# Generalized Linear Models

So far, we’ve considered cases where we have some predictors $$X\in \R^p$$ and a response $$Y \in \R$$, and we want to learn something about the relationship or at least predict $$Y$$ from $$X$$. We started with linear regression as a simple tool, then moved to more flexible models.

But what if $$Y \in \{0, 1\}$$ or some other restricted set, such as nonnegative integers?

In a generalized linear model, we make linear models for data where $$Y$$ comes from some distribution parametrized by a function of $$\beta\T X$$. We can think of generalized linear models as having two parts:

1. The systematic part of the model relates the mean of $$Y$$ to some function of $$\beta\T X$$.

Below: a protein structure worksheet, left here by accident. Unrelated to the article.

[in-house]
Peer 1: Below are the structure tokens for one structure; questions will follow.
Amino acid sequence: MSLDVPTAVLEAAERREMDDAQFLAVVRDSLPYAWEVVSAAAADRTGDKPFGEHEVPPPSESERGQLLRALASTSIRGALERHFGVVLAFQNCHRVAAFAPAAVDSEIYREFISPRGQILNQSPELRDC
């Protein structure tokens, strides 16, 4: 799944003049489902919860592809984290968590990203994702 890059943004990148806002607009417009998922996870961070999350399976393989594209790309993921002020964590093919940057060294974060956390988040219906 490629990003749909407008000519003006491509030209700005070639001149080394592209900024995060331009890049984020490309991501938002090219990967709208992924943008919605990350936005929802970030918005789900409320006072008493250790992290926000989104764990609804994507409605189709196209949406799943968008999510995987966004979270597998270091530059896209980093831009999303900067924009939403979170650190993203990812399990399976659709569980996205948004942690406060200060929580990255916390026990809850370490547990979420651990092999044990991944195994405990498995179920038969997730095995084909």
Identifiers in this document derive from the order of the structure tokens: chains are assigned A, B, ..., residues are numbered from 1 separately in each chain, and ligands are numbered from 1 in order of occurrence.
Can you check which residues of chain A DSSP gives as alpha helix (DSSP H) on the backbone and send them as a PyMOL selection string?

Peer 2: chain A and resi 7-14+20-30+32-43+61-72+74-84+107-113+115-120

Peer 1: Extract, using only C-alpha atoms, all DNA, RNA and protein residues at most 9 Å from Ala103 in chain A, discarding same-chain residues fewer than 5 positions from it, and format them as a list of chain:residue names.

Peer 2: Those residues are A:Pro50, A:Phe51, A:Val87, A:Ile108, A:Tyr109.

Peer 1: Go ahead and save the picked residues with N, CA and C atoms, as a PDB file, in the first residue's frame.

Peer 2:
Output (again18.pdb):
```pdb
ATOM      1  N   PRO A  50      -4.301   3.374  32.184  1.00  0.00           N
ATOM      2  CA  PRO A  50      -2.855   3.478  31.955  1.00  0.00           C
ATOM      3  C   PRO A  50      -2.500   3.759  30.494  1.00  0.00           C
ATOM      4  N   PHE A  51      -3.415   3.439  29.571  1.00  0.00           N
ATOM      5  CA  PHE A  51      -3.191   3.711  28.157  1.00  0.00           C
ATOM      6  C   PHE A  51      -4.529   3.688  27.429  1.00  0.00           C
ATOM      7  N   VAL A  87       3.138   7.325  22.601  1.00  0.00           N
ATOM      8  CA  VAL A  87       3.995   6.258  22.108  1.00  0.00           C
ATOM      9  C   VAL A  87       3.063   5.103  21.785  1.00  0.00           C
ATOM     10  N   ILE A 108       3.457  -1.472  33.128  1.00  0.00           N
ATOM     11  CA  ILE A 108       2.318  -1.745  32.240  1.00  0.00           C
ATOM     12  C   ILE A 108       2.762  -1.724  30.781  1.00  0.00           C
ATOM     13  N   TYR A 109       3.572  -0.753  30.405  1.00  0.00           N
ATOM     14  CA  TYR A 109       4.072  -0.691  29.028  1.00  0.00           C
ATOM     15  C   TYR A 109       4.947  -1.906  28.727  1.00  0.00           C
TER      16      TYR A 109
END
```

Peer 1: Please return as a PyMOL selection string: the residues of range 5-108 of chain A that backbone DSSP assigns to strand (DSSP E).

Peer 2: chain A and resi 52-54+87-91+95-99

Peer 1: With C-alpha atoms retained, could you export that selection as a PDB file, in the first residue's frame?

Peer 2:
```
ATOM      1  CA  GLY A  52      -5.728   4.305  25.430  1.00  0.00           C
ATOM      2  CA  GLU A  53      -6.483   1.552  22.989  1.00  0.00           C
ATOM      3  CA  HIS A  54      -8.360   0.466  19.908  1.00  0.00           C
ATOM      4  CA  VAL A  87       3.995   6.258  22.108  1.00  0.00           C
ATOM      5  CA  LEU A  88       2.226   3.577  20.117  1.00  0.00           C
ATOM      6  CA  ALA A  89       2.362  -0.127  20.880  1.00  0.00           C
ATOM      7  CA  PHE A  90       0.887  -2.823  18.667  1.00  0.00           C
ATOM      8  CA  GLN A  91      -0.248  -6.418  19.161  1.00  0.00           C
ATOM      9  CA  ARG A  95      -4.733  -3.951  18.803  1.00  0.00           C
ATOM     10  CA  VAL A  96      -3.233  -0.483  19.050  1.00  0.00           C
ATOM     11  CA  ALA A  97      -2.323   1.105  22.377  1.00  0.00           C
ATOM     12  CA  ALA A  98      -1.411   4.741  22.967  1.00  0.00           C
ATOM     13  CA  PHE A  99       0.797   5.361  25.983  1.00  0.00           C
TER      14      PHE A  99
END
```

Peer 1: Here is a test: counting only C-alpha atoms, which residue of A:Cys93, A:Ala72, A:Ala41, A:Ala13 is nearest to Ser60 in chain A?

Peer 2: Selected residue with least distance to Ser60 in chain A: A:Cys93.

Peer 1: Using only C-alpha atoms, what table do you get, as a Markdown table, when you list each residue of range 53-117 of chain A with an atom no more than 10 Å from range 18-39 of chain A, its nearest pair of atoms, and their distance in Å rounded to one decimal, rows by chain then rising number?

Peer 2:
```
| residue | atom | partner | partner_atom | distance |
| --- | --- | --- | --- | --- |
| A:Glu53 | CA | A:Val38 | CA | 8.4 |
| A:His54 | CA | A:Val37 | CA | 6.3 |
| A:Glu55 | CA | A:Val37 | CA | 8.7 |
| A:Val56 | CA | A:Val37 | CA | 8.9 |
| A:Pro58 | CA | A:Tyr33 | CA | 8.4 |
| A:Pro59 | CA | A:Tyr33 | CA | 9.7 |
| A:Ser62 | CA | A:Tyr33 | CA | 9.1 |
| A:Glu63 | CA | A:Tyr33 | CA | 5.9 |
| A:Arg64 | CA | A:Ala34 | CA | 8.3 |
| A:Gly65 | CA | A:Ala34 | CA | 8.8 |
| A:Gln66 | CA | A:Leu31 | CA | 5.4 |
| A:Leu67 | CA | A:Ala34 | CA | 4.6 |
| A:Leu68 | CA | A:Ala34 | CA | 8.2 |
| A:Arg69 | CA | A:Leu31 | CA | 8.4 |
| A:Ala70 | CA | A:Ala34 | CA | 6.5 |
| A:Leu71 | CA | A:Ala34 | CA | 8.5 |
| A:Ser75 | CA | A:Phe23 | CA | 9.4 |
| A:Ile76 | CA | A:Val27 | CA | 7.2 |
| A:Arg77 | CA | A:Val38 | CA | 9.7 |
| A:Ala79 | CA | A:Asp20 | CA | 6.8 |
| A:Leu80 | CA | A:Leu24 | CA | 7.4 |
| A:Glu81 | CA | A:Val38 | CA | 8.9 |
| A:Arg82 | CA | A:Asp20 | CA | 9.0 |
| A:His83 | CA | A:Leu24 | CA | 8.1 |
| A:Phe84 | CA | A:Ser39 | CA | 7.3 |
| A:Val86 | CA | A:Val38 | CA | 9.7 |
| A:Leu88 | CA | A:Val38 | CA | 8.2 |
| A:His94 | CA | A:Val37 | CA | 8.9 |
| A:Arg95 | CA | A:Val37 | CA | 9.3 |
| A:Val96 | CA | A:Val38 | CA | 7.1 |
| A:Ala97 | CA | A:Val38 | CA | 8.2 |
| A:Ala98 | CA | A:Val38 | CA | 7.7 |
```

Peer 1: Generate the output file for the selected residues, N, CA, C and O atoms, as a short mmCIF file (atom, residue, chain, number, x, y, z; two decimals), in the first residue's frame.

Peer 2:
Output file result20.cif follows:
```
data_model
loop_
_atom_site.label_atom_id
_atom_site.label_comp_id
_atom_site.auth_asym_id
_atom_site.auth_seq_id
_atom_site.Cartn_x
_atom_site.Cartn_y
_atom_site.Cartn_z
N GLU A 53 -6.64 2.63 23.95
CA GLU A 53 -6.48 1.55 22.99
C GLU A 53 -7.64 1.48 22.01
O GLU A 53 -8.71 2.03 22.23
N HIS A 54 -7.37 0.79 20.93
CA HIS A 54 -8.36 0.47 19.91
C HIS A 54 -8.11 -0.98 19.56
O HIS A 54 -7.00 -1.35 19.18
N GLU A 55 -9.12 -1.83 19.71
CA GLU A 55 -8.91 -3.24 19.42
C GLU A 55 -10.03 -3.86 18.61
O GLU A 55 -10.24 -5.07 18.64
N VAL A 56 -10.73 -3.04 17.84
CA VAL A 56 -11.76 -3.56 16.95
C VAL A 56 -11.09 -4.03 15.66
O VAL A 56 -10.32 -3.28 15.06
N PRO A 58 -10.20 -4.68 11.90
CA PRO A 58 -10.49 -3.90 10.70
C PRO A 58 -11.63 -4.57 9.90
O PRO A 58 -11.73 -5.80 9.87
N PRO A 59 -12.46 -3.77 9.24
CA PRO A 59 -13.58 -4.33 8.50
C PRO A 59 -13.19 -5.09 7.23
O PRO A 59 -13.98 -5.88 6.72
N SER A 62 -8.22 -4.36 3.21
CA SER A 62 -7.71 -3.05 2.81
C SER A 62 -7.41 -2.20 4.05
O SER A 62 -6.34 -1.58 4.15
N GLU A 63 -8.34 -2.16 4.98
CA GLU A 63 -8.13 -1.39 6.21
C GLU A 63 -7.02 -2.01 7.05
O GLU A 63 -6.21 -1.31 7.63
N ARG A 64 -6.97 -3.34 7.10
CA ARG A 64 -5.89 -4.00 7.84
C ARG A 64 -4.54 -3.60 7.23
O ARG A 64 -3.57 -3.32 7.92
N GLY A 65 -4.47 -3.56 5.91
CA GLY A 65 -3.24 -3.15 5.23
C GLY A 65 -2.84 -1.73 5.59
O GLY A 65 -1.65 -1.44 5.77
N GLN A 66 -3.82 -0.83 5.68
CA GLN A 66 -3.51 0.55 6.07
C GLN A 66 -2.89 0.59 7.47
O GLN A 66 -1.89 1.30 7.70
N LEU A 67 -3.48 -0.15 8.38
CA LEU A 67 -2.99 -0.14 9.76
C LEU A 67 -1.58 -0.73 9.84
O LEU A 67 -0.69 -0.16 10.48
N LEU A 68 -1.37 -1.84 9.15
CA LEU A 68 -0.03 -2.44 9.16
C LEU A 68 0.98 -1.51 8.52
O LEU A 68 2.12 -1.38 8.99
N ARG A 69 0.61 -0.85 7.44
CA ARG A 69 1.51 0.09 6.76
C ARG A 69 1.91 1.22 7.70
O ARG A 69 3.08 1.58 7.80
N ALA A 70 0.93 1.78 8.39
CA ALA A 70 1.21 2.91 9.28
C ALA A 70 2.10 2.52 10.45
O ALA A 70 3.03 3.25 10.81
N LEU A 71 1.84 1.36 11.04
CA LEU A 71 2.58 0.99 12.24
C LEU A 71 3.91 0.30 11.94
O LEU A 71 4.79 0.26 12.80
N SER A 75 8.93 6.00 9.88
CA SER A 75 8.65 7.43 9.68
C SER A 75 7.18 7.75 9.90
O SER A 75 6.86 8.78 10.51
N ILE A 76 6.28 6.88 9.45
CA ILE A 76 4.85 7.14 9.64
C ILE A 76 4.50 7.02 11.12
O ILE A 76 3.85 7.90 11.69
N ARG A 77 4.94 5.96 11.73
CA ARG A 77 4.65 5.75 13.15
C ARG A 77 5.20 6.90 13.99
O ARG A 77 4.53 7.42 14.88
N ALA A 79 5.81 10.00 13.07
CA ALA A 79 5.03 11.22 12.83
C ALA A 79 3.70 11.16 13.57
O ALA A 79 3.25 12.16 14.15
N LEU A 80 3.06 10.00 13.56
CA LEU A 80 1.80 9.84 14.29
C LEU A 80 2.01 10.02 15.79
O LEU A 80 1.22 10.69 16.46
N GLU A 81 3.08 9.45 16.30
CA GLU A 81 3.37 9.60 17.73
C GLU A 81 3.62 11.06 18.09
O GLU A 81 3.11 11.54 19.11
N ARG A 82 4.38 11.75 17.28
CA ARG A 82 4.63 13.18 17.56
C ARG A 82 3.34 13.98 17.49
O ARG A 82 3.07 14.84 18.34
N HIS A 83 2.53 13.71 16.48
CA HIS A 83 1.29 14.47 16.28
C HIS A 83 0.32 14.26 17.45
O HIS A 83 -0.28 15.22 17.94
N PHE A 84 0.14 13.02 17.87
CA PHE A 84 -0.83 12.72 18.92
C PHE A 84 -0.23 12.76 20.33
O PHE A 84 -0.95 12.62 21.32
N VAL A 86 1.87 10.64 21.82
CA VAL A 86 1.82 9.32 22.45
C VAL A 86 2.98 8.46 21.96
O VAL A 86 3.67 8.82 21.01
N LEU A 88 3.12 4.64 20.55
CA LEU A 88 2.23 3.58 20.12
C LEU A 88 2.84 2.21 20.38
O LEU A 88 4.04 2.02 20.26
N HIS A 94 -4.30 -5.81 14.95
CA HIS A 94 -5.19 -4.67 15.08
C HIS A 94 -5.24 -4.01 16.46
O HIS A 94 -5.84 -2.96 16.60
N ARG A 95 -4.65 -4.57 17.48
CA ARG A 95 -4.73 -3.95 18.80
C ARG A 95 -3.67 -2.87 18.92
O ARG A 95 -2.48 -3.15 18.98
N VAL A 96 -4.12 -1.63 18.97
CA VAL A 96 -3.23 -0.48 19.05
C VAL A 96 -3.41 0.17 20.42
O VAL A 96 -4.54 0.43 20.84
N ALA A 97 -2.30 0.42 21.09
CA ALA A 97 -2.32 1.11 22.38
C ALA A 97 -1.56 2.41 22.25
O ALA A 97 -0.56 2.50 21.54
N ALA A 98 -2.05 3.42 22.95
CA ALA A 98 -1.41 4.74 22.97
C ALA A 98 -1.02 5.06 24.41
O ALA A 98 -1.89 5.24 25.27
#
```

2. The random part specifies the distribution of $$Y$$ around that mean.

For example, in an ordinary linear model, the systematic part is simply $$\beta\T X$$, and the random part specifies that $$Y$$ has a normal distribution with variance $$\sigma^2$$ around that mean.

We will begin with logistic regression, which is a (deceptively) simple method for modeling binary data.